Medellin, the Alien Tort Statute, and the Domestic Status of International Law

24 Pages Posted: 15 Aug 2009 Last revised: 19 Jun 2015

See all articles by David H. Moore

David H. Moore

Brigham Young University - J. Reuben Clark Law School

Date Written: August 13, 2009

Abstract

While scholars have begun to debate the meaning of the Supreme Court’s landmark decision in Medellin v. Texas for the domestic status of treaties, the decision’s import for other significant questions of foreign relations law has been ignored in the literature. This Article fills that void by exploring Medellin’s significance (a) for treaty and customary international law (CIL) based claims under the Alien Tort Statute, (b) for the hotly debated issue of CIL’s domestic legal status, and (c) for the recent claim that a uniform doctrine governing the domestic status of both treaties and CIL is developing in U.S. foreign relations law.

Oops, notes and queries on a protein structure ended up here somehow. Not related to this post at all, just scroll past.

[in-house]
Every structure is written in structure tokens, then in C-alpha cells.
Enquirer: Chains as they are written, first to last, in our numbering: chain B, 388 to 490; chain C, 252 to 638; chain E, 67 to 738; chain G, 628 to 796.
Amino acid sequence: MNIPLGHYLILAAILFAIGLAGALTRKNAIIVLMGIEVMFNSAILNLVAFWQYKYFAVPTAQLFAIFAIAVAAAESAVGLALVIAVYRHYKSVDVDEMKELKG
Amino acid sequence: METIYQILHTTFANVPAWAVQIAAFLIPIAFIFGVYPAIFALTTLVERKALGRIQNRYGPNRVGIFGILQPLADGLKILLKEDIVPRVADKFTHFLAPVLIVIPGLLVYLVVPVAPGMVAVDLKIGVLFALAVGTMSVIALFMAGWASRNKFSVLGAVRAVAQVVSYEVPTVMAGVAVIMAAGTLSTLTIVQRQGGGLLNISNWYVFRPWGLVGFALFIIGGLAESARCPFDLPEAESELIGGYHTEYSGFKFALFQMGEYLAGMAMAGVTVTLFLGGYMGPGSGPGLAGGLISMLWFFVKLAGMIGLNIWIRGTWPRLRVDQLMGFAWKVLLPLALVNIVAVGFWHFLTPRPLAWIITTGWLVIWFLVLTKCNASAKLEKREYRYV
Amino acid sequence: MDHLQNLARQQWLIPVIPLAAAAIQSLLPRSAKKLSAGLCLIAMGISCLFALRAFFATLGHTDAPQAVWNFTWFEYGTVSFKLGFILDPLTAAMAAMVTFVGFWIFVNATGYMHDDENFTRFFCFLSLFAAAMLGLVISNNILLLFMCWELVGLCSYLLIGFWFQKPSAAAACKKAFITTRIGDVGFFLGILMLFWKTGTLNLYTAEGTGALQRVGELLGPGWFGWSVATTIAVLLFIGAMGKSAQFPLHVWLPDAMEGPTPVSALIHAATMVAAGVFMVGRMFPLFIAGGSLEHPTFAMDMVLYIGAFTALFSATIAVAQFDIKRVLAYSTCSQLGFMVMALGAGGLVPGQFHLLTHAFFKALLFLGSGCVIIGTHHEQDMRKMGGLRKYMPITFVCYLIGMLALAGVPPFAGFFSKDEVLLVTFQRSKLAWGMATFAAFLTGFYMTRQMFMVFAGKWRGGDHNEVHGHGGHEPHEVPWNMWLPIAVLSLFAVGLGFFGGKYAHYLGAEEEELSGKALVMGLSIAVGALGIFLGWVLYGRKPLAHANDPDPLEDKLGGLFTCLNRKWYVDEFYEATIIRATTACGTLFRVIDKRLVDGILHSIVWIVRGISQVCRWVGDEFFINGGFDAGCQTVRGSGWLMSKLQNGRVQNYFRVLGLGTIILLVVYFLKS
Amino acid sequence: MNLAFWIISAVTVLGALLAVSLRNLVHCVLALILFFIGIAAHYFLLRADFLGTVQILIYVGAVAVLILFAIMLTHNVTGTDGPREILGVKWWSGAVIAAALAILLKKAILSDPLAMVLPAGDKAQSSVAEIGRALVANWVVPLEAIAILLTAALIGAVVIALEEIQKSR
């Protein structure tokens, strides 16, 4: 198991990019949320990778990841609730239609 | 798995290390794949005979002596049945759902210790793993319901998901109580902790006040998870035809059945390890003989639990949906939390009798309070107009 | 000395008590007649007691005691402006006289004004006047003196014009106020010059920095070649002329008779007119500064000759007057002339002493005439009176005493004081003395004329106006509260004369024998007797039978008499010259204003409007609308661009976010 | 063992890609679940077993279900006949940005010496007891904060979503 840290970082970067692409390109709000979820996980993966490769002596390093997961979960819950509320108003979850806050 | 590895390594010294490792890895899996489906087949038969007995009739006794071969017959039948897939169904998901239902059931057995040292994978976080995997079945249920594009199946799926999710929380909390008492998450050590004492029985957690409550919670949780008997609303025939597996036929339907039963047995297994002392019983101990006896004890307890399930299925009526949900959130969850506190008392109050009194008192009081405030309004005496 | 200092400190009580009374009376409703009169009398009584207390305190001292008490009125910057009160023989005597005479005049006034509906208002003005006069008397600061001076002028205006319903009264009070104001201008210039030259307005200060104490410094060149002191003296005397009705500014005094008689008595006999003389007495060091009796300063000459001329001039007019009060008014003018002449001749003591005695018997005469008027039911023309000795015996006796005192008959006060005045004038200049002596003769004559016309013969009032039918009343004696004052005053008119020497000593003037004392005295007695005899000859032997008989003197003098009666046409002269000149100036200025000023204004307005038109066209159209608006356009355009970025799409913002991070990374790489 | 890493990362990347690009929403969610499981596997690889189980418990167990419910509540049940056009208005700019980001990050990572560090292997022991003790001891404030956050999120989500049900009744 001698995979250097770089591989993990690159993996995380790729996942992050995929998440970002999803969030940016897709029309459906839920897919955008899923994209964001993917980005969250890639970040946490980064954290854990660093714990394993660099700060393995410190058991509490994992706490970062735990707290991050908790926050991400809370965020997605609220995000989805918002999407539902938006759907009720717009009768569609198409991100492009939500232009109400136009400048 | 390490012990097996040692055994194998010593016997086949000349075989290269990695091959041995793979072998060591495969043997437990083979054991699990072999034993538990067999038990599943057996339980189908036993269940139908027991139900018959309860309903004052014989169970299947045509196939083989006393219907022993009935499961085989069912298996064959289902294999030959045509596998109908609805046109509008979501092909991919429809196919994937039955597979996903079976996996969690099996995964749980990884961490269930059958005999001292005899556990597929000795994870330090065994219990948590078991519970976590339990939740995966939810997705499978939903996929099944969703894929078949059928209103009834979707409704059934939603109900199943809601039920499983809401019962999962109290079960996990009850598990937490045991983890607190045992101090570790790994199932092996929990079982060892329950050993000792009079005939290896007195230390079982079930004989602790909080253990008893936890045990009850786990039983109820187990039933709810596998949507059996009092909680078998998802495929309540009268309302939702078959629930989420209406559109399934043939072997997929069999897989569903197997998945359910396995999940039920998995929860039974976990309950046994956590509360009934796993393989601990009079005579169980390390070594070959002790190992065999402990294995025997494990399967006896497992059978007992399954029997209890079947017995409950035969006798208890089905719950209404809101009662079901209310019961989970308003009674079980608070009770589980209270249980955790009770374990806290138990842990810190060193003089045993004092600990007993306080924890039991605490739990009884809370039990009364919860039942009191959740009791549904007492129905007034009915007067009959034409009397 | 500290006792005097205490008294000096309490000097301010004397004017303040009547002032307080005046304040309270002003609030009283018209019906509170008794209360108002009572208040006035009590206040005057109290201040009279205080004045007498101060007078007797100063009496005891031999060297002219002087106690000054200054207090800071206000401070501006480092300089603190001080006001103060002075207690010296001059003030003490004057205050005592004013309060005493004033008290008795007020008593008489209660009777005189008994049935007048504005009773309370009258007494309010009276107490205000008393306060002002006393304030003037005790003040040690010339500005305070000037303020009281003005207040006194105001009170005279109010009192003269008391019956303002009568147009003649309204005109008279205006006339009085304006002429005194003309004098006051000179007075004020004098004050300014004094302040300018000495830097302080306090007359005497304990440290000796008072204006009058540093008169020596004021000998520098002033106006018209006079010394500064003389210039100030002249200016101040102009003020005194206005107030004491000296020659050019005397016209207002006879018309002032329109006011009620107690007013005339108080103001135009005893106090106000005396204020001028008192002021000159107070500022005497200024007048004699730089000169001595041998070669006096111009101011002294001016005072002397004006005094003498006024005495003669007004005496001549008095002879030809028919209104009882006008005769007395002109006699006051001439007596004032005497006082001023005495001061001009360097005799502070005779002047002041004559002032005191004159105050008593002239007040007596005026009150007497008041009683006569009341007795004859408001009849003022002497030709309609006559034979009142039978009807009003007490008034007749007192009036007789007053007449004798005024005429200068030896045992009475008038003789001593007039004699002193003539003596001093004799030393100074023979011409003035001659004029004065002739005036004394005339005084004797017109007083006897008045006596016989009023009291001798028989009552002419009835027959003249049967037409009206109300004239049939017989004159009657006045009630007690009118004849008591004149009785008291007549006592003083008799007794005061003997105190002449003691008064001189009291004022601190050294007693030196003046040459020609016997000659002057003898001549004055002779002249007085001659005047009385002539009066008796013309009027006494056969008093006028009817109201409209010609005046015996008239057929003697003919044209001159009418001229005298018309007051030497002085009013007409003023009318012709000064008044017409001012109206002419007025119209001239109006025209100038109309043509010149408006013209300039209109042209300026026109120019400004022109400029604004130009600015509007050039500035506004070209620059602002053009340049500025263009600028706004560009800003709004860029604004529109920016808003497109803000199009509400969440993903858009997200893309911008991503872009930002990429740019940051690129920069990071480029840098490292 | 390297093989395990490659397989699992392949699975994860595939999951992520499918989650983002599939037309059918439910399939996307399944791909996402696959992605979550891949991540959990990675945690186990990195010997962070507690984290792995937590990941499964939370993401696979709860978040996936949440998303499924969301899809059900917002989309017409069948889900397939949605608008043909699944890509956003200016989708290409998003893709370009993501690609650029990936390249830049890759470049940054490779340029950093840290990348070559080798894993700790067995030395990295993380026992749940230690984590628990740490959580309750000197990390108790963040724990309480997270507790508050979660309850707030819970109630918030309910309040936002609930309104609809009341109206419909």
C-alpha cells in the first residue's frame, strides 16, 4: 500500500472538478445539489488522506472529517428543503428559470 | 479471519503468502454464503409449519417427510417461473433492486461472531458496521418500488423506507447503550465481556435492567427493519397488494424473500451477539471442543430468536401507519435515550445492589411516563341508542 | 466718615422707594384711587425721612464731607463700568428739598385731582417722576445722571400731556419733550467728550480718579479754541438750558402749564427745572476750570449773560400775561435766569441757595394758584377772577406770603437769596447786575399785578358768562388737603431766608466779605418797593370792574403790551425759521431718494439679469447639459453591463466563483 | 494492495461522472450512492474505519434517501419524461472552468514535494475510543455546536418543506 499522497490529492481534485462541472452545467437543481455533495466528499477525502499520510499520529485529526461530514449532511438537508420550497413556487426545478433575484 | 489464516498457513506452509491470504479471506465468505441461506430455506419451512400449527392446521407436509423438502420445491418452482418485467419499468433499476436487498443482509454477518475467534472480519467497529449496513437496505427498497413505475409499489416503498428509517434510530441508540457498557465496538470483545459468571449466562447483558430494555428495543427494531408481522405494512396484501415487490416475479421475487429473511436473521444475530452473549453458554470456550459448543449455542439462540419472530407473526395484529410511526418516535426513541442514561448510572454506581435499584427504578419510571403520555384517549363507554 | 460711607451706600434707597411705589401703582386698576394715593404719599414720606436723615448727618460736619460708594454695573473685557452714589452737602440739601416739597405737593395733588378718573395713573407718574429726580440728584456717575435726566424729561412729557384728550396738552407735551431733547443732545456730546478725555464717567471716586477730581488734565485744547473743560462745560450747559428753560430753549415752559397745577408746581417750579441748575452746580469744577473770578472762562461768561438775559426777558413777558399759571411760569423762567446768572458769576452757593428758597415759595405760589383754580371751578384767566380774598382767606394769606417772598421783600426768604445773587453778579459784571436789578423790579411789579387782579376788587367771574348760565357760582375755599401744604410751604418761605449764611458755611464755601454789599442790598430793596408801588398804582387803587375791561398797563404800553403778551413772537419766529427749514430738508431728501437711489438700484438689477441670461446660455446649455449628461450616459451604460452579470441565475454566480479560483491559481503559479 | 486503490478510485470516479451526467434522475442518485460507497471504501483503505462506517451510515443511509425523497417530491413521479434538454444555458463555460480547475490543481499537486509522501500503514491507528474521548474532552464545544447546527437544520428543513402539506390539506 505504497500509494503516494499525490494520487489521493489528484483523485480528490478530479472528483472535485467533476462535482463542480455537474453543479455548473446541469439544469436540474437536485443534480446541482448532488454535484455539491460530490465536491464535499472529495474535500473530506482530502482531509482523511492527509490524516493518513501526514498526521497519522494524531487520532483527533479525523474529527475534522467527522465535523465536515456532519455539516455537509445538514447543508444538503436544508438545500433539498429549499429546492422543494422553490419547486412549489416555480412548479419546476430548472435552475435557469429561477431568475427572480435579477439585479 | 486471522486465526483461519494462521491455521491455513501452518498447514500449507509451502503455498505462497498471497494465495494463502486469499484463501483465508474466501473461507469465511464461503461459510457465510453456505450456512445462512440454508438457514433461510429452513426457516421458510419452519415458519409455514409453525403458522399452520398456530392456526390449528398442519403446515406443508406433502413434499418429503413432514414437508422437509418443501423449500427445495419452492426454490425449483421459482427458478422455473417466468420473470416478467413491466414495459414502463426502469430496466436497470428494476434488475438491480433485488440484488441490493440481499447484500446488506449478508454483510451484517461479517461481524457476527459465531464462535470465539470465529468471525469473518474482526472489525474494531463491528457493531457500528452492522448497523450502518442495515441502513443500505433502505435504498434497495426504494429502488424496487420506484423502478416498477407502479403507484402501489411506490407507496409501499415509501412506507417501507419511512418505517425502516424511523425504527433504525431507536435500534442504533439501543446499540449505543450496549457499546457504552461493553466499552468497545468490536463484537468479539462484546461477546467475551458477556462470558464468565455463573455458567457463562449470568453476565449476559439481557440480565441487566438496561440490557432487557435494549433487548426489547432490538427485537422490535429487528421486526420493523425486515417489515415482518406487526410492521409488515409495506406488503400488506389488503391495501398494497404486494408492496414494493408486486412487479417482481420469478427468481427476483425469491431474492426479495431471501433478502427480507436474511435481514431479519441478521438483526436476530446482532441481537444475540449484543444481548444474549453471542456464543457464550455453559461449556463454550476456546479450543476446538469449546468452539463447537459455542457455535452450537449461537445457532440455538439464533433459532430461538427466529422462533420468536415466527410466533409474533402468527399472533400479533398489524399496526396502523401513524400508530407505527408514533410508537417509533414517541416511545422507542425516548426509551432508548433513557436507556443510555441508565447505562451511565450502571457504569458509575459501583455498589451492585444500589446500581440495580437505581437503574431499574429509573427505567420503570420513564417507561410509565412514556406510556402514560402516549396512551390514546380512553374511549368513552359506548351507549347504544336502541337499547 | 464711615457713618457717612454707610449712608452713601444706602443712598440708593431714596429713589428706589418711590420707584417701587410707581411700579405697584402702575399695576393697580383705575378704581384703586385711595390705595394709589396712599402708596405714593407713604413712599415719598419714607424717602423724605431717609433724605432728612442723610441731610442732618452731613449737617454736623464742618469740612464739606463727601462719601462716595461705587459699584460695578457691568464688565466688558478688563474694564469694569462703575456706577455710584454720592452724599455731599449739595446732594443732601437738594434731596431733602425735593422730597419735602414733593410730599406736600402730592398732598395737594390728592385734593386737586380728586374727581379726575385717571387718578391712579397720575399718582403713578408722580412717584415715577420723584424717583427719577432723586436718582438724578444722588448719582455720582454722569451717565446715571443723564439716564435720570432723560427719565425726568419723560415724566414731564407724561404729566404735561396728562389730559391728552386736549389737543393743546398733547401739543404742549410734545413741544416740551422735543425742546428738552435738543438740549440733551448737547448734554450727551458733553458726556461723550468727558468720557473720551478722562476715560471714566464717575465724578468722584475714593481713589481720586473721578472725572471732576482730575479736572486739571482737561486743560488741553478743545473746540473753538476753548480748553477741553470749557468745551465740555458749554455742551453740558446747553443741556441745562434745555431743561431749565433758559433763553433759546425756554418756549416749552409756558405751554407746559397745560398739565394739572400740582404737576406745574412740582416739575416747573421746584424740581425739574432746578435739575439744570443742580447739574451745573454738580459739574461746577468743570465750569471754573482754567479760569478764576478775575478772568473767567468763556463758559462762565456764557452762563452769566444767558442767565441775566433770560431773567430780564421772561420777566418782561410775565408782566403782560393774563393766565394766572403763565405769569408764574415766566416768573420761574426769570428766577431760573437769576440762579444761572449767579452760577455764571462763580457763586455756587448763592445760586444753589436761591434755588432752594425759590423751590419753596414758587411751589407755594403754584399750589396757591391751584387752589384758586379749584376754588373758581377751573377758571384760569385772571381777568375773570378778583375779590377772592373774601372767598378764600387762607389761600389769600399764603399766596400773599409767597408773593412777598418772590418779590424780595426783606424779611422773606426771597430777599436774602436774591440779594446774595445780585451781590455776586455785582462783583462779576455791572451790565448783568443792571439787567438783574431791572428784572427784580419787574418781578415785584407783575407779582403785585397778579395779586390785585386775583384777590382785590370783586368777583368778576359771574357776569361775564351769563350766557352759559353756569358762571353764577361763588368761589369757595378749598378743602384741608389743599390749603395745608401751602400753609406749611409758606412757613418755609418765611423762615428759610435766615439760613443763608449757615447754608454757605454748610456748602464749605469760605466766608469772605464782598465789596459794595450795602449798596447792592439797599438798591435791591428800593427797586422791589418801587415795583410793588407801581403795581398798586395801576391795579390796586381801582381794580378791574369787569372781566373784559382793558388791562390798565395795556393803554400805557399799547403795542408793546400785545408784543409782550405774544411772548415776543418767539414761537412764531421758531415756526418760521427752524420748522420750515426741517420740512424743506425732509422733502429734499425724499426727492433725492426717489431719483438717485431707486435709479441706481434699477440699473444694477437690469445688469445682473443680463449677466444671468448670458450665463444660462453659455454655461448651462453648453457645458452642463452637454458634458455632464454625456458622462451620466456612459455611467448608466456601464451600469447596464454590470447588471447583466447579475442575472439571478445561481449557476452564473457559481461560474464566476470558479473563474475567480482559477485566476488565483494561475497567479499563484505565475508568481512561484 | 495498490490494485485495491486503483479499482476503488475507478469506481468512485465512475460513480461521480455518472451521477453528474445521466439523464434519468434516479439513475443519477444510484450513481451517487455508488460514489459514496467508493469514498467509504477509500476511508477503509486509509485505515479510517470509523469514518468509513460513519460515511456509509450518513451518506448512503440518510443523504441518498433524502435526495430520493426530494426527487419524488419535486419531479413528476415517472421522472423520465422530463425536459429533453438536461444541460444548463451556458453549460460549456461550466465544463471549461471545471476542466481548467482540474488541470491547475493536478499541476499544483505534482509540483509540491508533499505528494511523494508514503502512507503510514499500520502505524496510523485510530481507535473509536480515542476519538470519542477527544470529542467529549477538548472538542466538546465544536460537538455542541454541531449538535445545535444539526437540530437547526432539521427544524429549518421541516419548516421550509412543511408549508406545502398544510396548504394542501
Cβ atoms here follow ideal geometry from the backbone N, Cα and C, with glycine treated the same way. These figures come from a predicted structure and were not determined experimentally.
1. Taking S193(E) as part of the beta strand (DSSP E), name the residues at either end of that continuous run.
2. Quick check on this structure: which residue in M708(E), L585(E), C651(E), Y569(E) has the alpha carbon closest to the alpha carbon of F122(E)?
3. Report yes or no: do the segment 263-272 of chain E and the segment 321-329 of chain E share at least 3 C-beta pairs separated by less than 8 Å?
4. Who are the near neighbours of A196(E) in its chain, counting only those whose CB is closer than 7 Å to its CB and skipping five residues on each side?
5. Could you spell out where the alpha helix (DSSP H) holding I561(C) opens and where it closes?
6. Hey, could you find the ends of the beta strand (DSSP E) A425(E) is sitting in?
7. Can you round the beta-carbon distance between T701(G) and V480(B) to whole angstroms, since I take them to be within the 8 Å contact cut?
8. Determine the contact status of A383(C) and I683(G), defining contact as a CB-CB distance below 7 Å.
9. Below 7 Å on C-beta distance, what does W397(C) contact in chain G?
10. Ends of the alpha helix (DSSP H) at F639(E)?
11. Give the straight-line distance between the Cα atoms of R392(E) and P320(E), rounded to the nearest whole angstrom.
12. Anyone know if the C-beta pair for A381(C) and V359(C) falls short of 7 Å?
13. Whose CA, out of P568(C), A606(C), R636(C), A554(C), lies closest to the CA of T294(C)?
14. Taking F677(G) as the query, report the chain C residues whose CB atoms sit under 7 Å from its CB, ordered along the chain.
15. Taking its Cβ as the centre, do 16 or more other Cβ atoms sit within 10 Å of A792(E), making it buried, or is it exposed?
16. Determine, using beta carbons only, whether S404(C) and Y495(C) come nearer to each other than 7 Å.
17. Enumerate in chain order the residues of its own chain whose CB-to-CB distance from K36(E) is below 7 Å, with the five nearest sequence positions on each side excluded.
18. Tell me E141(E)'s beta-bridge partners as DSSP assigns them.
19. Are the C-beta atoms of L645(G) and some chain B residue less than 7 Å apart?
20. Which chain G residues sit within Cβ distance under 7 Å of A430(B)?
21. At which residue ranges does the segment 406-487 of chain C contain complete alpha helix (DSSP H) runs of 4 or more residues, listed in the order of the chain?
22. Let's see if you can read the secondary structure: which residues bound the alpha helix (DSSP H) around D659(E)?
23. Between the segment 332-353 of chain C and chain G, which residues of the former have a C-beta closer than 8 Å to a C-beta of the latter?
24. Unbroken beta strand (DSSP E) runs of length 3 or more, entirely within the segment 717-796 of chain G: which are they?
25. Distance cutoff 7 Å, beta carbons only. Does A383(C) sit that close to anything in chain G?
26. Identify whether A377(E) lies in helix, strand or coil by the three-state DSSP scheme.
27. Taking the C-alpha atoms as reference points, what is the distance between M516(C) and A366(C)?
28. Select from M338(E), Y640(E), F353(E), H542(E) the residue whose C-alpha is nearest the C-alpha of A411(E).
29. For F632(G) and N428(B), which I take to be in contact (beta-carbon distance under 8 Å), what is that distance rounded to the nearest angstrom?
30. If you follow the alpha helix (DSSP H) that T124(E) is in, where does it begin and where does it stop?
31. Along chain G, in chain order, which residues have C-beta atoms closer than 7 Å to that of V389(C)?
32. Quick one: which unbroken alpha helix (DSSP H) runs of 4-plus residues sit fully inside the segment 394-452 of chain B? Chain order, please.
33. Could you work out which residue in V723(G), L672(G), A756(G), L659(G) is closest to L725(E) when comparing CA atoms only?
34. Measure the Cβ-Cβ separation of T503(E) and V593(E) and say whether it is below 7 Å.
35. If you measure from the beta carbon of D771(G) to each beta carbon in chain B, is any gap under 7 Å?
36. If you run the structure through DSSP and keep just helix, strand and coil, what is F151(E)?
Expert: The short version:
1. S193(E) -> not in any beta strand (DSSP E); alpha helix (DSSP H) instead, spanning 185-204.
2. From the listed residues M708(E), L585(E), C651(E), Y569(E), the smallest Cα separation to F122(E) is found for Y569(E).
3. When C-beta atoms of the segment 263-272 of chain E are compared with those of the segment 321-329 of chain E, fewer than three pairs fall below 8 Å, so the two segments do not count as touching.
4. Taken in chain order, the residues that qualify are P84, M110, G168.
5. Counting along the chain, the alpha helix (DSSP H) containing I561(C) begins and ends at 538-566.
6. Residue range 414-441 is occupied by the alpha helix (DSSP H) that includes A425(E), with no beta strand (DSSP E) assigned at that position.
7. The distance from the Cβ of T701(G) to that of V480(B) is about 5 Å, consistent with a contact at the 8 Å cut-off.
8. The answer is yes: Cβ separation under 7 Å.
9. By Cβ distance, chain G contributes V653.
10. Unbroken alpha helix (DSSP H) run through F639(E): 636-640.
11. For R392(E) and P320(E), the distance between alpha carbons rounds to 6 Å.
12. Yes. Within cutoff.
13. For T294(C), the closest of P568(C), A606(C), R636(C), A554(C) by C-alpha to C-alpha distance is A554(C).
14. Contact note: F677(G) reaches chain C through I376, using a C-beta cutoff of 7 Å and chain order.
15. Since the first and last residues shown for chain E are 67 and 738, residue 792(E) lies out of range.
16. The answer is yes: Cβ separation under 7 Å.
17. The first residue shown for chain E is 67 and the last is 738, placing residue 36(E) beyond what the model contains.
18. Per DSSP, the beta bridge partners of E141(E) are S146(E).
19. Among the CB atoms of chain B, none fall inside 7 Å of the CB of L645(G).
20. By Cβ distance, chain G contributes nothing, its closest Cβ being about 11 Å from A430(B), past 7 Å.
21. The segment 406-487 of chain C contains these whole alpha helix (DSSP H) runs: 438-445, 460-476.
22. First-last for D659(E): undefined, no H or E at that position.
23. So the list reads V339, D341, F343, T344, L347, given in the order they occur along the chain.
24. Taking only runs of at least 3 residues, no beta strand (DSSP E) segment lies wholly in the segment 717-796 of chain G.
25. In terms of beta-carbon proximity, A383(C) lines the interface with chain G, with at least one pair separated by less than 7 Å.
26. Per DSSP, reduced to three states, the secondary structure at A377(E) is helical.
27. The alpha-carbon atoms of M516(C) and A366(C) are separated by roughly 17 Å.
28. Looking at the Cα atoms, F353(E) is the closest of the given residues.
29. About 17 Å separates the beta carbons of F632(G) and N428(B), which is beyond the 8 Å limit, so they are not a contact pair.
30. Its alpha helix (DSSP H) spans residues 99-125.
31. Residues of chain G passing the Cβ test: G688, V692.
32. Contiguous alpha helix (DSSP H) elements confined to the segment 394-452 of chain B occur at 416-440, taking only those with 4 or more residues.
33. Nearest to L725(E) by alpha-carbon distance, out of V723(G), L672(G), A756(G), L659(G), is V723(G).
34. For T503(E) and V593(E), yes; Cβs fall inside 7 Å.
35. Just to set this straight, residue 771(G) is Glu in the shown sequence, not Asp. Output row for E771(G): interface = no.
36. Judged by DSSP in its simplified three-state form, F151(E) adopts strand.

Keywords: Medellin, treaty, treaties, customary international law, CIL, self-execution, non-self-execution, ATS, Alien Tort Statute, foreign relations law

Suggested Citation

Moore, David H., Medellin, the Alien Tort Statute, and the Domestic Status of International Law (August 13, 2009). Virginia Journal of International Law, 2010, Available at SSRN: https://ssrn.com/abstract=1449524 or http://dx.doi.org/10.2139/ssrn.1449524

David H. Moore (Contact Author)

Brigham Young University - J. Reuben Clark Law School ( email )

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